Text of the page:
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Standing Tall: The Curious History of Men in Heels

Start Date 08 May 2015
End Date May 2016
Venue Bata Shoe Museum
Location Ontario, Canada
Curator Elizabeth Semmelhack
Exhibition display with shoes on plinths and images

Standing Tall: The Curious History of Men in Heels, opened to the public on May 8, 2015.  As the official exhibition to launch the Museum’s 20th anniversary year, Standing Tall challenged preconceived notions about who wears heels and why.  From privileged rulers to hyper-sexualized rock stars this provocative exhibition explored the history of men in heels from the early 1600s to today, delving into the use and meanings of heeled footwear in men’s dress over the last four hundred years.

While some lifestyles today continue to accept men dressing in heels; the rugged cowboy in heeled boots is the perfect example, for most men even an extra inch on a pair of business brogues can prove to be highly destabilizing; calling their masculinity and intentions into question.  But with the advantages of height currently connected to everything from higher pay to increased desirability, the real question is why don’t men wear heels?  This exhibition will explore this question, as well as others including the controversial use of heels and lifts by a number of heads of state.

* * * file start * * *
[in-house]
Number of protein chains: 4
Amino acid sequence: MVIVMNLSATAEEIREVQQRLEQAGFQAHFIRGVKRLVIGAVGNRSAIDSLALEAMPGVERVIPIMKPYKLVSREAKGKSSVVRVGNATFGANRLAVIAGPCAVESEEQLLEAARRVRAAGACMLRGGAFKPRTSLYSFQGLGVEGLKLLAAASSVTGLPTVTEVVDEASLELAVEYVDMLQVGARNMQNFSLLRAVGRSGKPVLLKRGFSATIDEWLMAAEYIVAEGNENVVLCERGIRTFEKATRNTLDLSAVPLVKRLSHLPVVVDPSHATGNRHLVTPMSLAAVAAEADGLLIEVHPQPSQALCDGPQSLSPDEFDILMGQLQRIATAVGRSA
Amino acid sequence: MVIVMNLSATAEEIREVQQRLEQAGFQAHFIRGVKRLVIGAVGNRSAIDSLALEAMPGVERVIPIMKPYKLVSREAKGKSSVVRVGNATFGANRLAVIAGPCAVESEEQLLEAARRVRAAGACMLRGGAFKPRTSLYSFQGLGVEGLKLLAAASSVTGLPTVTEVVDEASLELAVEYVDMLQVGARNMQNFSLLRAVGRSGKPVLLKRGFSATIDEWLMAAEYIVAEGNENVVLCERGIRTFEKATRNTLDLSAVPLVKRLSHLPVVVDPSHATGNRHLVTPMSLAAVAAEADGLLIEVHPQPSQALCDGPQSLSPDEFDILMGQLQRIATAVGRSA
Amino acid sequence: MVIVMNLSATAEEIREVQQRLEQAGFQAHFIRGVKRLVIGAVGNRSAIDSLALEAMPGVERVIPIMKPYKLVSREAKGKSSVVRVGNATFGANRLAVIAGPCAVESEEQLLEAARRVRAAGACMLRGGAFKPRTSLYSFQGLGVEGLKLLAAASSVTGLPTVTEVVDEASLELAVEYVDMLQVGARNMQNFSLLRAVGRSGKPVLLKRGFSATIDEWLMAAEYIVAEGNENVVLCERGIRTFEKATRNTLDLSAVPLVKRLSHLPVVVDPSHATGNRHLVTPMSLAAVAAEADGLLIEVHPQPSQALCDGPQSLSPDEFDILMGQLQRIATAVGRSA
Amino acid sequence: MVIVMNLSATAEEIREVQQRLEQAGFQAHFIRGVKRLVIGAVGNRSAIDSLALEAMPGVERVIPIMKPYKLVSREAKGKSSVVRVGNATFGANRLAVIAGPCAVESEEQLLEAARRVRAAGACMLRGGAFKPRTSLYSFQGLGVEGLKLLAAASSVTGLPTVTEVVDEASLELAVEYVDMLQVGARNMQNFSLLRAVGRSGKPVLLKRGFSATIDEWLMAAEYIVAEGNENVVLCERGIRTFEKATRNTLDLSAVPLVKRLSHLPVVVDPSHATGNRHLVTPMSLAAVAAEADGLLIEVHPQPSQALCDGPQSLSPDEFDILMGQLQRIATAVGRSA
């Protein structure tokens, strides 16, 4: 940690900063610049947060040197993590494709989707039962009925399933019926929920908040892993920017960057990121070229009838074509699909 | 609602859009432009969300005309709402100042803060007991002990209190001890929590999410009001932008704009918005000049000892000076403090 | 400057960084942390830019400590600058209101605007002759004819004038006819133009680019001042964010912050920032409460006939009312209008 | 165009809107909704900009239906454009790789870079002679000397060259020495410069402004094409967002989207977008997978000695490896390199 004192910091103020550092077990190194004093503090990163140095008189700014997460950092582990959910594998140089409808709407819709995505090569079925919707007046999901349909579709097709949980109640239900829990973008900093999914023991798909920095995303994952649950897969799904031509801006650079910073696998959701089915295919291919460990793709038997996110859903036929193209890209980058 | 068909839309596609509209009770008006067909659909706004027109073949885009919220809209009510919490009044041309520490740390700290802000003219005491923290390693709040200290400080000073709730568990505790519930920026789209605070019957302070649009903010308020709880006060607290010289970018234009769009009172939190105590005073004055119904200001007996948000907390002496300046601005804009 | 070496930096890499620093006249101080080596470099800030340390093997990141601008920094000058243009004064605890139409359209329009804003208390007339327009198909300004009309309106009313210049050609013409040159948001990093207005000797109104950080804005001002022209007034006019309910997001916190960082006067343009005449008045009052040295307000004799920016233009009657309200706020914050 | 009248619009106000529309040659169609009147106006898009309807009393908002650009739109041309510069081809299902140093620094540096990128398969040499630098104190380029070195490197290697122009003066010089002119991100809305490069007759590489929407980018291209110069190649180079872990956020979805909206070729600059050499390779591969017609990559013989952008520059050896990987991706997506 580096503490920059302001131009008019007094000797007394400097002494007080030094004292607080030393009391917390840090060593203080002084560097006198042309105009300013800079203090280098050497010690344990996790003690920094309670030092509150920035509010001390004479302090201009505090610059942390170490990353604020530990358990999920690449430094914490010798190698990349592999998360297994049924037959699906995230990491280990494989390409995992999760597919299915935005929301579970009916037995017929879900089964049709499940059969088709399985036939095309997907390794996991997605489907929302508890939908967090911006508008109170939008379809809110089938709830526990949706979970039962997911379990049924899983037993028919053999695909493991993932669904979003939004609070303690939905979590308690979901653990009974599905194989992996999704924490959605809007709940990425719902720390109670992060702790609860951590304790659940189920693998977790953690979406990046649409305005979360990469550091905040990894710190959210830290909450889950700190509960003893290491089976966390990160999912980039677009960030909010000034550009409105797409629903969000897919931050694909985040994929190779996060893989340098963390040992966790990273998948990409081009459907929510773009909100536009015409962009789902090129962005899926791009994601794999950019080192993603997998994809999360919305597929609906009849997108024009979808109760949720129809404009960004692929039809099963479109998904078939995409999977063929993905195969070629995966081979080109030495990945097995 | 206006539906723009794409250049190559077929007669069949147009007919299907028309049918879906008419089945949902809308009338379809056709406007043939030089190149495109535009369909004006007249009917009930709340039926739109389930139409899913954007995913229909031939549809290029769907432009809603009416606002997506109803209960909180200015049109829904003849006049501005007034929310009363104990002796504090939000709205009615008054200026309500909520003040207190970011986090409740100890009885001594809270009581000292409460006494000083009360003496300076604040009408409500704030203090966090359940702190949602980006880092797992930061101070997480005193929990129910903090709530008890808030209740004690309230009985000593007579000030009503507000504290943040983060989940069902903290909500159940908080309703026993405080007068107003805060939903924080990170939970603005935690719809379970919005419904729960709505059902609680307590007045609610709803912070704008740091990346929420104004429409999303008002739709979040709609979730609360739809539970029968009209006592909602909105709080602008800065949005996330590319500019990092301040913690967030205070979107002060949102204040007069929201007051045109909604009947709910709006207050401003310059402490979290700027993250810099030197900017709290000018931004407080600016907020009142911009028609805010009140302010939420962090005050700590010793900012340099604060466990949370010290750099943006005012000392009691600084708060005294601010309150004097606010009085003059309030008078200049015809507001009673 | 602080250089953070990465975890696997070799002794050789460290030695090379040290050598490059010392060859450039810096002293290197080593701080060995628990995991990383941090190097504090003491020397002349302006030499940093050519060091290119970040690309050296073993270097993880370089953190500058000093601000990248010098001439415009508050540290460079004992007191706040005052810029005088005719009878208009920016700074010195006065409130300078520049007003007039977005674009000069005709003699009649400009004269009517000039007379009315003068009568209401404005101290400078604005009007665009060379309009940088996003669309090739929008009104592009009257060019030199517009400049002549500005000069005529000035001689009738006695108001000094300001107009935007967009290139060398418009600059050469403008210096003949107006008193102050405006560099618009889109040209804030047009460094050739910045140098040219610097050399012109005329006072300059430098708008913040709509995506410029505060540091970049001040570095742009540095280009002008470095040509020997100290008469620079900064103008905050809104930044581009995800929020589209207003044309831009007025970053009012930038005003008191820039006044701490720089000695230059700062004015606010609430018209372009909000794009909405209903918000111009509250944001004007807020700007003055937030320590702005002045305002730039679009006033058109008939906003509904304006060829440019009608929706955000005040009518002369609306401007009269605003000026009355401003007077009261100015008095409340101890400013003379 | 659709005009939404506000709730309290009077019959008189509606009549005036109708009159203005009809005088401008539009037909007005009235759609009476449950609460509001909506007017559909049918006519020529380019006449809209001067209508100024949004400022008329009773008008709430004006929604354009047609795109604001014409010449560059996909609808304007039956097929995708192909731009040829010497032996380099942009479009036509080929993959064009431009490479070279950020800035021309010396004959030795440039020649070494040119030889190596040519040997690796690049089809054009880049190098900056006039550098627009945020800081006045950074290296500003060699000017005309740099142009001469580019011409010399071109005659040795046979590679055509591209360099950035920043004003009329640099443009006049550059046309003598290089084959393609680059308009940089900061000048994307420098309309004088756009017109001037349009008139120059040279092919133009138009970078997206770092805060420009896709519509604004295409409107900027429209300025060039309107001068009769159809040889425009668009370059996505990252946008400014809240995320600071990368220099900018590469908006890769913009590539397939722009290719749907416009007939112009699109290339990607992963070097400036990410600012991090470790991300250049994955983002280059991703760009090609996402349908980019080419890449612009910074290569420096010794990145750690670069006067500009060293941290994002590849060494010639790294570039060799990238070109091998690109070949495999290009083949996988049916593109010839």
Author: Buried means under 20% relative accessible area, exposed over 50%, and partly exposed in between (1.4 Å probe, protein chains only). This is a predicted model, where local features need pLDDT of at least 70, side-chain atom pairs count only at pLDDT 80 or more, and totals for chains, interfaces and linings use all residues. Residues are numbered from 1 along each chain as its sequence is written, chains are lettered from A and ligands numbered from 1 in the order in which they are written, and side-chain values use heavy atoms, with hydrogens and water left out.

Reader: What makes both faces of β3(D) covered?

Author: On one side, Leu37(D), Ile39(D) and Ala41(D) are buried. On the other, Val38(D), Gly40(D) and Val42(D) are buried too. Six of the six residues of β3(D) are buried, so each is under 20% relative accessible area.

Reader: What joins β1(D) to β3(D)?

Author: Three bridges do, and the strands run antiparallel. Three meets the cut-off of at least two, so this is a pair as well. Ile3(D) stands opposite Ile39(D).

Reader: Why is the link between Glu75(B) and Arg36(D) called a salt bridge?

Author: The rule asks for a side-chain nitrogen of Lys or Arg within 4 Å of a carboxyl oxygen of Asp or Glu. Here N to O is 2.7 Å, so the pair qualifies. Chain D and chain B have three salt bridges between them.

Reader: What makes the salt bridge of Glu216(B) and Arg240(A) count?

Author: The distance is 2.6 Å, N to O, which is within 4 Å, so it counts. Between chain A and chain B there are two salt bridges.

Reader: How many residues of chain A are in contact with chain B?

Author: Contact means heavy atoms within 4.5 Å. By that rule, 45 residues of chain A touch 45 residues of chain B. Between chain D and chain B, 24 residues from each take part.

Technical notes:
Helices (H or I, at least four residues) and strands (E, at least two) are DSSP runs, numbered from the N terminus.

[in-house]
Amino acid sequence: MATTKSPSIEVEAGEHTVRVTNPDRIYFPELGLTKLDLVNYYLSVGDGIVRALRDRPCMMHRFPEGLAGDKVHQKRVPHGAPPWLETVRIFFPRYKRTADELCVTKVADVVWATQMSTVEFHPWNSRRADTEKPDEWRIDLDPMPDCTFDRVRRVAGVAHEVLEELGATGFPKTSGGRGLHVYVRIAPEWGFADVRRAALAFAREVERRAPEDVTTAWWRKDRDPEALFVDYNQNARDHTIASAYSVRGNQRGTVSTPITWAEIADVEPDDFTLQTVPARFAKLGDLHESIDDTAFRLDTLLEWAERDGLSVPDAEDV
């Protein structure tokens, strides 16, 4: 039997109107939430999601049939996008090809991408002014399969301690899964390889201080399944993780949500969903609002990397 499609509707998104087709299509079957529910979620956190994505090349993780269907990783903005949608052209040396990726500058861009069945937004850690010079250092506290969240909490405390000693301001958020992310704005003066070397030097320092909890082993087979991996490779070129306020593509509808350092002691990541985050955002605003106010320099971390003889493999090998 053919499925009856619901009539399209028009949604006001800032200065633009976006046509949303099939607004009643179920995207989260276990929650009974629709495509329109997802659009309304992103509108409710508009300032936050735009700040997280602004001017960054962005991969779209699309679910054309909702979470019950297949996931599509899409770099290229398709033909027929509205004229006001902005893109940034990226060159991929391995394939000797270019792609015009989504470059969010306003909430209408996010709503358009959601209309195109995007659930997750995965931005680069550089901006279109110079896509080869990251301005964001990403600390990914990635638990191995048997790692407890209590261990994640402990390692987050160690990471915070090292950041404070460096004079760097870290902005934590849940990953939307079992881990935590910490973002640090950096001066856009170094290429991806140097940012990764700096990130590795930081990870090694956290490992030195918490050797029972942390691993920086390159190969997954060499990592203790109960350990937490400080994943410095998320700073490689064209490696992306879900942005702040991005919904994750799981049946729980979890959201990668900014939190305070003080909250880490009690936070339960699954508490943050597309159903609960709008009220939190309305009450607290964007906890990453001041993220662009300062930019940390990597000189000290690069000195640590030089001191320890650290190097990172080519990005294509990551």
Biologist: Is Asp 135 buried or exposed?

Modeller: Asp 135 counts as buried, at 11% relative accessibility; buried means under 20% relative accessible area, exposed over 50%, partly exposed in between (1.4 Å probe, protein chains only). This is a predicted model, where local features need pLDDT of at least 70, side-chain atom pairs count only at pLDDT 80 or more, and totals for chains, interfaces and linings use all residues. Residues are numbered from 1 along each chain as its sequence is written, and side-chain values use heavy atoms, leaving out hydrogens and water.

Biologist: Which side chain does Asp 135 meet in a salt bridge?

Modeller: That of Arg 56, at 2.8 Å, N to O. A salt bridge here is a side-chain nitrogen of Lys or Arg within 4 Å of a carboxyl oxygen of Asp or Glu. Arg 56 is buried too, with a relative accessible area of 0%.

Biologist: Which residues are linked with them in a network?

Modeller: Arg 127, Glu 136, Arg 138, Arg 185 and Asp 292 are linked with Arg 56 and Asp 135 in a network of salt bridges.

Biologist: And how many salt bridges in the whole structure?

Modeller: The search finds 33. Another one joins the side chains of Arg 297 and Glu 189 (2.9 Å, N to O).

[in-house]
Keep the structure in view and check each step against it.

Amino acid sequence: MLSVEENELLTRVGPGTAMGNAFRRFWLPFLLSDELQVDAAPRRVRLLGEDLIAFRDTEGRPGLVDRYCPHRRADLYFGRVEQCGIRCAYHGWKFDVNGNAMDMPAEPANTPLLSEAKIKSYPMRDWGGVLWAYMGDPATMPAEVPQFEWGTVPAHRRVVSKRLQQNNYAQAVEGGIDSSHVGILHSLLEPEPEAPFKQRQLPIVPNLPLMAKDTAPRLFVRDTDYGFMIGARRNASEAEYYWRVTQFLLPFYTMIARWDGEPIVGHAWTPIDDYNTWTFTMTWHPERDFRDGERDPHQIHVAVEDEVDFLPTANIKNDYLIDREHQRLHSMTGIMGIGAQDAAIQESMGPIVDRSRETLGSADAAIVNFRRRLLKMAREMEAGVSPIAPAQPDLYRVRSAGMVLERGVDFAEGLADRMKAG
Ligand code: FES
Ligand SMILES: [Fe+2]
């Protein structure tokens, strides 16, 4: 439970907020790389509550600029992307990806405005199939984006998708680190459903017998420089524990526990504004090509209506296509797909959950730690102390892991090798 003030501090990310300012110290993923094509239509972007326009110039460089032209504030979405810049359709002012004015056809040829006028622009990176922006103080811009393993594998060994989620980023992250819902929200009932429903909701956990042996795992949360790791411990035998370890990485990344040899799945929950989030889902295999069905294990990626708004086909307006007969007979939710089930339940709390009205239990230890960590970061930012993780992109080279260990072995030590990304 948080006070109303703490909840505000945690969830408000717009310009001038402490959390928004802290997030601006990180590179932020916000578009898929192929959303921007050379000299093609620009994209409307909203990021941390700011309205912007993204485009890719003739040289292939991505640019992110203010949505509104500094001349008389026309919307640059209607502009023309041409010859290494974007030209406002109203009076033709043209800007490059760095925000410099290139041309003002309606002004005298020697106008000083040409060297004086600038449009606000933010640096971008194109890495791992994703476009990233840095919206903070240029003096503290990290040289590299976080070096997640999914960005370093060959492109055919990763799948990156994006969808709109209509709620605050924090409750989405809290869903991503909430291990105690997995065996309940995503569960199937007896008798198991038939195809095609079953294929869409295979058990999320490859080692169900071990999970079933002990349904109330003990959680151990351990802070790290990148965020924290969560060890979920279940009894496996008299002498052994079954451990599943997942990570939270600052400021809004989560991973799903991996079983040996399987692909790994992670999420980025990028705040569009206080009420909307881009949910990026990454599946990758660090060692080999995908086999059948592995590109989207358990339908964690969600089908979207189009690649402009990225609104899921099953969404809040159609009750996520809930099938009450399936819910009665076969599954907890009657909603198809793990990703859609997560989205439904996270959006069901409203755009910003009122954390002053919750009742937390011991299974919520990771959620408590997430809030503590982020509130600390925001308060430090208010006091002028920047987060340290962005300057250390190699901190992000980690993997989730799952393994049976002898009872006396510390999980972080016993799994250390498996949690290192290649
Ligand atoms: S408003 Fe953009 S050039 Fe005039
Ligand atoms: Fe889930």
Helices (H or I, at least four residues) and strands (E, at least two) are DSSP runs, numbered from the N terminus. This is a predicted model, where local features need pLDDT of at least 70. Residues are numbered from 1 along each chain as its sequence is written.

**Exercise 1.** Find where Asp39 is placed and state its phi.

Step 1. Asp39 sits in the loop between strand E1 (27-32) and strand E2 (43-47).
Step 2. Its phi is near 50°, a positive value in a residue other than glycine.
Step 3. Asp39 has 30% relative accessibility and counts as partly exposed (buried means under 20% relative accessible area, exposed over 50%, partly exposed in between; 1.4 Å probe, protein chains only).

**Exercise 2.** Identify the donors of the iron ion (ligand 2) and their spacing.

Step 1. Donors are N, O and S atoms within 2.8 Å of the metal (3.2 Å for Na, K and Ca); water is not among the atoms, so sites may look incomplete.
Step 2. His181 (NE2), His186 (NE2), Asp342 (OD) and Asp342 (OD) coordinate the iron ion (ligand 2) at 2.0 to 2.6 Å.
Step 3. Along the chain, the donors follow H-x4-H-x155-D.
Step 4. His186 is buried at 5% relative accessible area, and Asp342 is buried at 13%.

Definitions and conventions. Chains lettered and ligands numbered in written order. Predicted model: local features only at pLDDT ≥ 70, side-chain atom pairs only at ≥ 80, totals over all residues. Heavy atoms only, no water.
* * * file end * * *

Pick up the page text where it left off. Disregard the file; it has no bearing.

Offering rare examples of men’s heeled footwear from the seventeenth and eighteenth centuries, mid-nineteenth century military boots, 1930s cowboy boots and 1940s biker boots, visitors also had the opportunity to view John Lennon’s original 1960s Beatle boot, platforms worn by Elton John in the 1970s, and recent heels from haute couture collections, all from the Museum’s own holdings.

The opening of Standing Tall was one of the highlights of the BSM’s 20th anniversary celebrations, once again showcasing the Museum’s role as a world-renowned cultural institution dedicated to exploring the role of footwear in society.  

Fascinating and thought-provoking, Standing Tall: The Curious History of Men in Heels was on display until May 2016.  A virtual version of the exhibition can now be found here on the Google Arts & Culture website.